May 14, 2009

Books: Castle Waiting

My apologies for being late this week. Things are getting a little hectic again and when I am home, I just want to put my feet up and fall asleep in front of the TV like a proper fuddy-duddy. Afghan throw and everything.

On the bloodwork front, I got a call from my new doctor's office asking to change my appointment from mid-June to the end of this month. I hope it's just because they realized it was a follow-up for the lab tests. So the first blog entry in June should have an update on why I am what I am.

Now, today I am compelled to do something new. You see, behind the scenes of this weekly online journal is a book lover with an art degree. I have grown up with visual, audio, and literary storytelling and I still spend a lot of time watching and reading and writing about things that have nothing to do with my "condition." What does that have to do with the price of hairy tea in china, though? I have to share with you the delightful and unnerving experience of finding a book that marries all my artistic and narrative sensibilities with the cosmetic struggle I face every day.

Ladies and gentlemen, I present to you Castle Waiting by Linda Medley.

"Where have you been all these years?" you might ask. "Castle Waiting's been around since 1997." Well actually, I was in junior high. I thought comics were about muscular men in spandex saving the world. Even in college, I wasn't sure I was really that "into" the media. But through education and many long, meandering visits to book stores revealed to me that there have been a lot of artists and writers (and combinations of the two) out there taking comic books wherever they want them to go. Castle Waiting is exactly what I want out of the graphic novel scene; it does not relentlessly shove you towards some world-saving quest. It lets you stop to smell the roses and get to know the characters and play with well-known fairy tales while exploring aspects of life that we all experience--whether we're enchanted anthropomorphic creatures or modern day working-for-the-weekend human beings like you and I.

I discovered this book by accident. I just liked how it looked in the store. Beautiful hardcover with an olive green spine. It was sealed shut by plastic, but I could see the ribbon bookmark peeking out between uneven cream-colored pages like it was all sewn together by hand. I even liked the sound of the title, "Castle Waiting." Like "Cellar Door" for you Donnie Darko fans--two of the most beautiful words in the English language. I hadn't even seen the Wikipedia entry at this point that mentioned a bearded nun. It's even mentioned in the hirsutism article and still it had never rung a bell with me.

Thing is, just because you're a bearded lady doesn't make this a selling point. I wasn't comfortable with the thought of seeing it etched so permanently on pages in front of me, but I was curious. If you are, as well, you needn't be nervous. I love the way Linda Medley treats the topic of bearded ladies. She doesn't beat readers over the head with the idea that looks don't matter; she just tells the stories with honesty and a great sense of humor. (Just when things get heavy, a lion farts; what more can you ask for?) Now, I say "stories" here because the Solicitine story arc features a few different nuns of the order, and is a very large part of this book. I have read some reviews that were disappointed at how much the book focuses on them, but I think one just has to remember that the main story continues after this volume.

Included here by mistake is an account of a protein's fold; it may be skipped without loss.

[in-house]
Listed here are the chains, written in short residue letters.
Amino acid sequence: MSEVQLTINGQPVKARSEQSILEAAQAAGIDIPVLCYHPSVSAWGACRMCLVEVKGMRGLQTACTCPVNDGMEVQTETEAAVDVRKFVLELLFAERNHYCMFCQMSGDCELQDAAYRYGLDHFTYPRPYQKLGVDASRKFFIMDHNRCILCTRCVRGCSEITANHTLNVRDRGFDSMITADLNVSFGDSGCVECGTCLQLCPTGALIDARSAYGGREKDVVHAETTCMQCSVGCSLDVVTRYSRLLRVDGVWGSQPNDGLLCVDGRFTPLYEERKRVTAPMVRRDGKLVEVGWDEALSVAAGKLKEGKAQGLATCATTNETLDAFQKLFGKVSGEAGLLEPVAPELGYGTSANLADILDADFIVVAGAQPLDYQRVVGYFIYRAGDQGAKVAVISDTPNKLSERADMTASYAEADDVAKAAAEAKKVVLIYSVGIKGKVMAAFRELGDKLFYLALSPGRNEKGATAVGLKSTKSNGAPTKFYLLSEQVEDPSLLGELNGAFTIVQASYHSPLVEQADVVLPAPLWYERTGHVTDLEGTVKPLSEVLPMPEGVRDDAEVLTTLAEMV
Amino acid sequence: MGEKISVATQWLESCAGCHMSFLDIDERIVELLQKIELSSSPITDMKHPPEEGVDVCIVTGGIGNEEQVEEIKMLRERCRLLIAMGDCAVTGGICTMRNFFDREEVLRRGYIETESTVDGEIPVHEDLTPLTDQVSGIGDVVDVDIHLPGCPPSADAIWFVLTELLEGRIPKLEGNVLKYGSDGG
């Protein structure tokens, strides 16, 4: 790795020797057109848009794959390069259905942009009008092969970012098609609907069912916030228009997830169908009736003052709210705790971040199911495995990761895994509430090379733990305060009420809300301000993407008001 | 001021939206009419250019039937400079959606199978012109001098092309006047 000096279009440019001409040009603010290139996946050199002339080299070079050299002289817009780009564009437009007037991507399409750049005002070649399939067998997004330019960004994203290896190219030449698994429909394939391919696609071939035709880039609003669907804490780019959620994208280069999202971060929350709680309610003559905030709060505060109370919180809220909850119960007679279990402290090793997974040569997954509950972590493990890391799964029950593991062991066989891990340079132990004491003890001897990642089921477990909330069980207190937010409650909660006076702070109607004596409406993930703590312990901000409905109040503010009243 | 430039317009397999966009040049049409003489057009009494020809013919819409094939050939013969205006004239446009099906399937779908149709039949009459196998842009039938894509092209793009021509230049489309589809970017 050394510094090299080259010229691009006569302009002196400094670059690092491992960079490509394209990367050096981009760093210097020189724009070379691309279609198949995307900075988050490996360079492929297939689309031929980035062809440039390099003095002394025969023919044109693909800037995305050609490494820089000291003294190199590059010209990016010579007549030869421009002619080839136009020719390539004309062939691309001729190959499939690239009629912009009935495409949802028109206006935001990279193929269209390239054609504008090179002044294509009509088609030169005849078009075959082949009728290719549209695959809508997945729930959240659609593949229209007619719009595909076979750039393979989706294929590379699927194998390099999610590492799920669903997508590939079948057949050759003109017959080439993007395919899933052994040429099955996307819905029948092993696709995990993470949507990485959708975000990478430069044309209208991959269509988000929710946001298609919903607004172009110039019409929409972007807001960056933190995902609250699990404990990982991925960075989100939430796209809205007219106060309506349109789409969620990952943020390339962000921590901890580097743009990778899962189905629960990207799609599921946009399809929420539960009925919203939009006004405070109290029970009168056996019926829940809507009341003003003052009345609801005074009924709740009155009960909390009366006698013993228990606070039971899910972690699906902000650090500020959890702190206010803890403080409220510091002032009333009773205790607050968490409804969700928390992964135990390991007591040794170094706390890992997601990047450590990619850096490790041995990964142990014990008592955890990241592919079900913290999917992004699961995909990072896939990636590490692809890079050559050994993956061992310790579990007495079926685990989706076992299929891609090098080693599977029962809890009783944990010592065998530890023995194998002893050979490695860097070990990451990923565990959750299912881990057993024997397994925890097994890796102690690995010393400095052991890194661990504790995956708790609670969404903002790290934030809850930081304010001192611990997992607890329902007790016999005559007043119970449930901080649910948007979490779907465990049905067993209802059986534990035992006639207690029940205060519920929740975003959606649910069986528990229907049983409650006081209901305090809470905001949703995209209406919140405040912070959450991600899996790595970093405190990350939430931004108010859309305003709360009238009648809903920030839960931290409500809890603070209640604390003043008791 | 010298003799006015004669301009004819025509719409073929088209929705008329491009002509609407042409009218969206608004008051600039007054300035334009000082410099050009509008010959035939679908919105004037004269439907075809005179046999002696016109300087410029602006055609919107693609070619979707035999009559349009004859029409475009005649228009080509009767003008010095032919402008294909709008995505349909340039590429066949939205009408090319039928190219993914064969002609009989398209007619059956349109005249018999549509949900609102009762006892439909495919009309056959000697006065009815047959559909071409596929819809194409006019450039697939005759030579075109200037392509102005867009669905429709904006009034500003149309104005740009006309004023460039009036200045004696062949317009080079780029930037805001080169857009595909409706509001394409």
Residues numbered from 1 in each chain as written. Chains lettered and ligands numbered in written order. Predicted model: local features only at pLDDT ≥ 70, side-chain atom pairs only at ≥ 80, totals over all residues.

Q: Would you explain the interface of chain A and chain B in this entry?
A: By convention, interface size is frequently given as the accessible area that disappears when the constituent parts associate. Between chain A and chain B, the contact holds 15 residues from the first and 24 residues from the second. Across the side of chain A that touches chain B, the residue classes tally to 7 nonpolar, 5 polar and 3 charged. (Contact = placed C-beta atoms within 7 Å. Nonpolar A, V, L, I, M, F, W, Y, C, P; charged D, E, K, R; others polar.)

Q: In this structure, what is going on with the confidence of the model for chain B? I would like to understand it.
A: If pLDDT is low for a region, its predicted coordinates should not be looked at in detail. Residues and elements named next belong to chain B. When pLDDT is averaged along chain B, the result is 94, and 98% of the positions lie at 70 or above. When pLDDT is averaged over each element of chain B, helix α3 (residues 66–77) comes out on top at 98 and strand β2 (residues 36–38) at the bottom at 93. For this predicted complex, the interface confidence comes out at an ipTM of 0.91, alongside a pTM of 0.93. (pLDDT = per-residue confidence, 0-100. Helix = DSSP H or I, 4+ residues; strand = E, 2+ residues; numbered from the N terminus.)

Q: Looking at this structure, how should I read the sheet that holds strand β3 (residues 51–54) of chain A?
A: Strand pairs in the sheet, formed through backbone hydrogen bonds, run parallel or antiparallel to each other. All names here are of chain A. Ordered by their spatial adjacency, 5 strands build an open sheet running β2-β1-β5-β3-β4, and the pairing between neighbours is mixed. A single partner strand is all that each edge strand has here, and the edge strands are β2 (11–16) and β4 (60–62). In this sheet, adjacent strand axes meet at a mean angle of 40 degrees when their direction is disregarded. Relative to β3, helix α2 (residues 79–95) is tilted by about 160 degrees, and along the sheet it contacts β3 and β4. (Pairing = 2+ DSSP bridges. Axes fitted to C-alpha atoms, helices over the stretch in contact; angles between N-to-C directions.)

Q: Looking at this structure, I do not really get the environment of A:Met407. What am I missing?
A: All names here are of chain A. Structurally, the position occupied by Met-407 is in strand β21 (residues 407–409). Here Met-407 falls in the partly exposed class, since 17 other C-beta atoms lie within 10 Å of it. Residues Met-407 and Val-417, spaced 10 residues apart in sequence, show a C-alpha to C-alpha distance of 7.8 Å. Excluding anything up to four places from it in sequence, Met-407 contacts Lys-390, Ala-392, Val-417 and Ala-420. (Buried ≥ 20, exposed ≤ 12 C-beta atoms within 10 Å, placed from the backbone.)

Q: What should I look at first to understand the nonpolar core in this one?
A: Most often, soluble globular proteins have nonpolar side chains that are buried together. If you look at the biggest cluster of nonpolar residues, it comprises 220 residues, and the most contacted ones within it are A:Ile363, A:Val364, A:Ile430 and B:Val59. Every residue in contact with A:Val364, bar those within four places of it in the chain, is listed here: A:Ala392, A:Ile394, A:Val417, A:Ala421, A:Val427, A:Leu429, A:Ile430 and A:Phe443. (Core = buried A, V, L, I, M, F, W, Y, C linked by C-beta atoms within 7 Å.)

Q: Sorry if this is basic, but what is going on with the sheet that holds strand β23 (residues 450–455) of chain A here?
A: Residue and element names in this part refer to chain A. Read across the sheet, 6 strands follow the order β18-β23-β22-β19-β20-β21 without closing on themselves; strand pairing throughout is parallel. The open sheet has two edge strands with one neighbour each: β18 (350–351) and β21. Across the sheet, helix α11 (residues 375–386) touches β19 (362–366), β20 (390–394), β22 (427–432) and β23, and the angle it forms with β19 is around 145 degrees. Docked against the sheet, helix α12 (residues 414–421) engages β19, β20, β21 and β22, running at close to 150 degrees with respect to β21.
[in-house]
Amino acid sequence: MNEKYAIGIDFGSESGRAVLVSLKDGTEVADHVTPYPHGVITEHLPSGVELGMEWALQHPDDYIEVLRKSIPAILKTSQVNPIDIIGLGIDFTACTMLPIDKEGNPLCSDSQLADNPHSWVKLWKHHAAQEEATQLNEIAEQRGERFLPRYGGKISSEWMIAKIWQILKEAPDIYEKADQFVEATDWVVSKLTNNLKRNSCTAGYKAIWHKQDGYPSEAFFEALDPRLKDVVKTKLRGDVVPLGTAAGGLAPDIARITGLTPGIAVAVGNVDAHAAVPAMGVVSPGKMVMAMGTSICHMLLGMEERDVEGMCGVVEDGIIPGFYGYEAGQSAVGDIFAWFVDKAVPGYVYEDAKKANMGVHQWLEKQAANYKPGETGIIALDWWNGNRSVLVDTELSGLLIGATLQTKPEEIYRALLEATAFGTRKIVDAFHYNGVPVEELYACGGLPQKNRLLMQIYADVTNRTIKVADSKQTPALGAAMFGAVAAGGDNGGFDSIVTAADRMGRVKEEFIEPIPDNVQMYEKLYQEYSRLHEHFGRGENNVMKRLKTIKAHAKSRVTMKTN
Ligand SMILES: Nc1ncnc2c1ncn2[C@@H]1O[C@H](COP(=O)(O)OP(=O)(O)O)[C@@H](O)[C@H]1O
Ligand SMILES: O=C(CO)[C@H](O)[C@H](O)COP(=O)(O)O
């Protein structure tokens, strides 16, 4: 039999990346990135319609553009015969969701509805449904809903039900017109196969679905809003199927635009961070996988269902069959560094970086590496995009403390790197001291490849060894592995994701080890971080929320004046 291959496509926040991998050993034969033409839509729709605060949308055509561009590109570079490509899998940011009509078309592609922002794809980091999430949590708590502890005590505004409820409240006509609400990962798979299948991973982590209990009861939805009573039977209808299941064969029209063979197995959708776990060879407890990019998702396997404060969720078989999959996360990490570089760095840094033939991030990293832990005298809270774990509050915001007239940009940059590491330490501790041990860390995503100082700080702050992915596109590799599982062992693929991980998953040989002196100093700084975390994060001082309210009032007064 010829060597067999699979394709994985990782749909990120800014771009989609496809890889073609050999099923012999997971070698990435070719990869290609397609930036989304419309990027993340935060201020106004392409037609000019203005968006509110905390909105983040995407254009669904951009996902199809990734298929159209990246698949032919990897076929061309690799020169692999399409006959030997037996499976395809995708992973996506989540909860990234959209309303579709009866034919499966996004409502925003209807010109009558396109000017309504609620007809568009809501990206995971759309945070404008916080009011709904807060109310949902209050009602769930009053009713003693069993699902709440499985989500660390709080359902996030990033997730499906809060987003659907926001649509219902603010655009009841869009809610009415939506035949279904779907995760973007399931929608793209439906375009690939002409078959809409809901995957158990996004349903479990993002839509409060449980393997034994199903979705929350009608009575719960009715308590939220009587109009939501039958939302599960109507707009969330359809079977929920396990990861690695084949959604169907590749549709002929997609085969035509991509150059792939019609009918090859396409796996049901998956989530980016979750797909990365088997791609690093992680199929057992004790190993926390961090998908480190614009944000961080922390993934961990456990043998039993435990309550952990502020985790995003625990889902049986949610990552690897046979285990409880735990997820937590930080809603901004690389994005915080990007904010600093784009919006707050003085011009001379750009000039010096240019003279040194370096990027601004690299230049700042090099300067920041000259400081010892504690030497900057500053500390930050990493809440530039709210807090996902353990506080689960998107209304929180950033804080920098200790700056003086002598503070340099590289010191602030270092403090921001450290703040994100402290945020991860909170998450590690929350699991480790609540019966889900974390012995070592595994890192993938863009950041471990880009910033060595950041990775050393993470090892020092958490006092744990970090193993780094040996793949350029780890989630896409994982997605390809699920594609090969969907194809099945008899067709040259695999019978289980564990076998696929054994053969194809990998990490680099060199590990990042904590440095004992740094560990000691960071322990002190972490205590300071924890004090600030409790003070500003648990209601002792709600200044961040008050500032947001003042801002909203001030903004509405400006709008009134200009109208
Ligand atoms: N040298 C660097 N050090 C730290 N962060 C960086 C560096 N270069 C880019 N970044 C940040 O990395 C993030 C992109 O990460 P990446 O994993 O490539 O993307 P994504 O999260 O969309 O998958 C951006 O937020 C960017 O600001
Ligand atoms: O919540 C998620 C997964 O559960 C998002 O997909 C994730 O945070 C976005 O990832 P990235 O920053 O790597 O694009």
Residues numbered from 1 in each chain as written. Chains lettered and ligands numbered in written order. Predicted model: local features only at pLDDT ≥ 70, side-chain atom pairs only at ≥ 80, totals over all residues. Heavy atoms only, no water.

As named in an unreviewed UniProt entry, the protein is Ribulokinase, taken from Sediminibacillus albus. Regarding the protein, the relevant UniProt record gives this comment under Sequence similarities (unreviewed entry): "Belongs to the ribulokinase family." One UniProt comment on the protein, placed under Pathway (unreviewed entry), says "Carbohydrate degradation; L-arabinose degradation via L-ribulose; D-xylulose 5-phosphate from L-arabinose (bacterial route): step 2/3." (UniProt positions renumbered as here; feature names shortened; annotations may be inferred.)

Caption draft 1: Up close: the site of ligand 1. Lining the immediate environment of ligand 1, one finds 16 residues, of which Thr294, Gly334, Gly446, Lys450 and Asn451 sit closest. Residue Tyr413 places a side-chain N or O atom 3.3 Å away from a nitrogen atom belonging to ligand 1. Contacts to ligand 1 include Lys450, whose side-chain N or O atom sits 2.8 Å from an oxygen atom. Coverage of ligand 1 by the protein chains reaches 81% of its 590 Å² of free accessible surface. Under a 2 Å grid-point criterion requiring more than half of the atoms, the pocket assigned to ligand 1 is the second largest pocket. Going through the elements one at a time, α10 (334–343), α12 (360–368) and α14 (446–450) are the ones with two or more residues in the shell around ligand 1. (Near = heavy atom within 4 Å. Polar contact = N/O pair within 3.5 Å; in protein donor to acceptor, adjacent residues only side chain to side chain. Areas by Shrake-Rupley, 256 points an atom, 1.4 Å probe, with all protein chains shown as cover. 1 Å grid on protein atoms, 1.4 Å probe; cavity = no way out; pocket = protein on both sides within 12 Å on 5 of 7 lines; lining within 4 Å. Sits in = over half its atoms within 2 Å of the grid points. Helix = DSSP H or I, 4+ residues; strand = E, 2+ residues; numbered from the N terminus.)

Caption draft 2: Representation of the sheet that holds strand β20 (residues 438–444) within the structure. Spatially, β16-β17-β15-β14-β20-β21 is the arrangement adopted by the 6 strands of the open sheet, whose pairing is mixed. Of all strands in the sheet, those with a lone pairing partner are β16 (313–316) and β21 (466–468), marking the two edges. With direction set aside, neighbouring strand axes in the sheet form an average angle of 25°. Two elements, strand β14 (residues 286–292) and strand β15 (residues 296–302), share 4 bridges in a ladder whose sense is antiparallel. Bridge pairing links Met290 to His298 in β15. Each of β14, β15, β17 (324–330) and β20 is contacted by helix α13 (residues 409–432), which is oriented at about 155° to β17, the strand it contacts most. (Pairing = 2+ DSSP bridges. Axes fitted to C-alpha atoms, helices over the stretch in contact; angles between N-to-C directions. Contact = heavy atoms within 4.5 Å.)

I thought it was a fascinating idea to create an order for St. Wilgeforte, a bearded woman who was canonized after she prayed to be prevented from marrying a man who would have interfered with her faith and grew a beard overnight. Yes, she's a real saint--I didn't think so either, when I first heard of her after reading Fifth Business by Robertson Davies in college. (She plays a small part in that book as the protagonist's topic of research.) Linda Medley's version of the tale is quite touching, and adds a heartwarming layer to the fantasy world as her order becomes a refuge for women whose only other expected niche is the circus. I wish I could find out more about the author/artist and how she came to want to add such a thing into her tale.

Some of my favorite quotes:
"Hey Peaceful--you growin' a beard?"
"Looks like it, Alf!"
"Hunh! That's unusual, ain't it?"
"Sure is! What'll you have?"
"The regular."

"Good or evil, somebody gave us these beards for a reason... We, more than anyone else, are better able to look past a person's dumbness, or third arm, hunchback, whatever ...and see what's in their hearts. To hear what they can't say."

"Niko, what does it mean when someone in the crowd won't look at me?"
"Ah. Those people are afraid... Afraid of anything that is not like themselves. Afraid that there can be wonders in the world that they cannot explain away. They do not want the world to be vast, Clarrrice."
I'd love to discuss the arc in more detail but I'd hate to spoil the experience of reading it for the first time for those who are planning to do so. You don't have to like comics to enjoy this book, or have an interest in bearded ladies. The entire world Linda Medley presents is so charming and immersing. But I had not expected to come across such a blunt, brave depiction of the lives of bearded women, in a fantasy setting though it is. It's a wonderful book, and you can get it from Amazon, Fantagraphics Books (the publisher), and many other sites, and you may even be able to find it in your local comic book shop or the graphic novel section of a bookstore.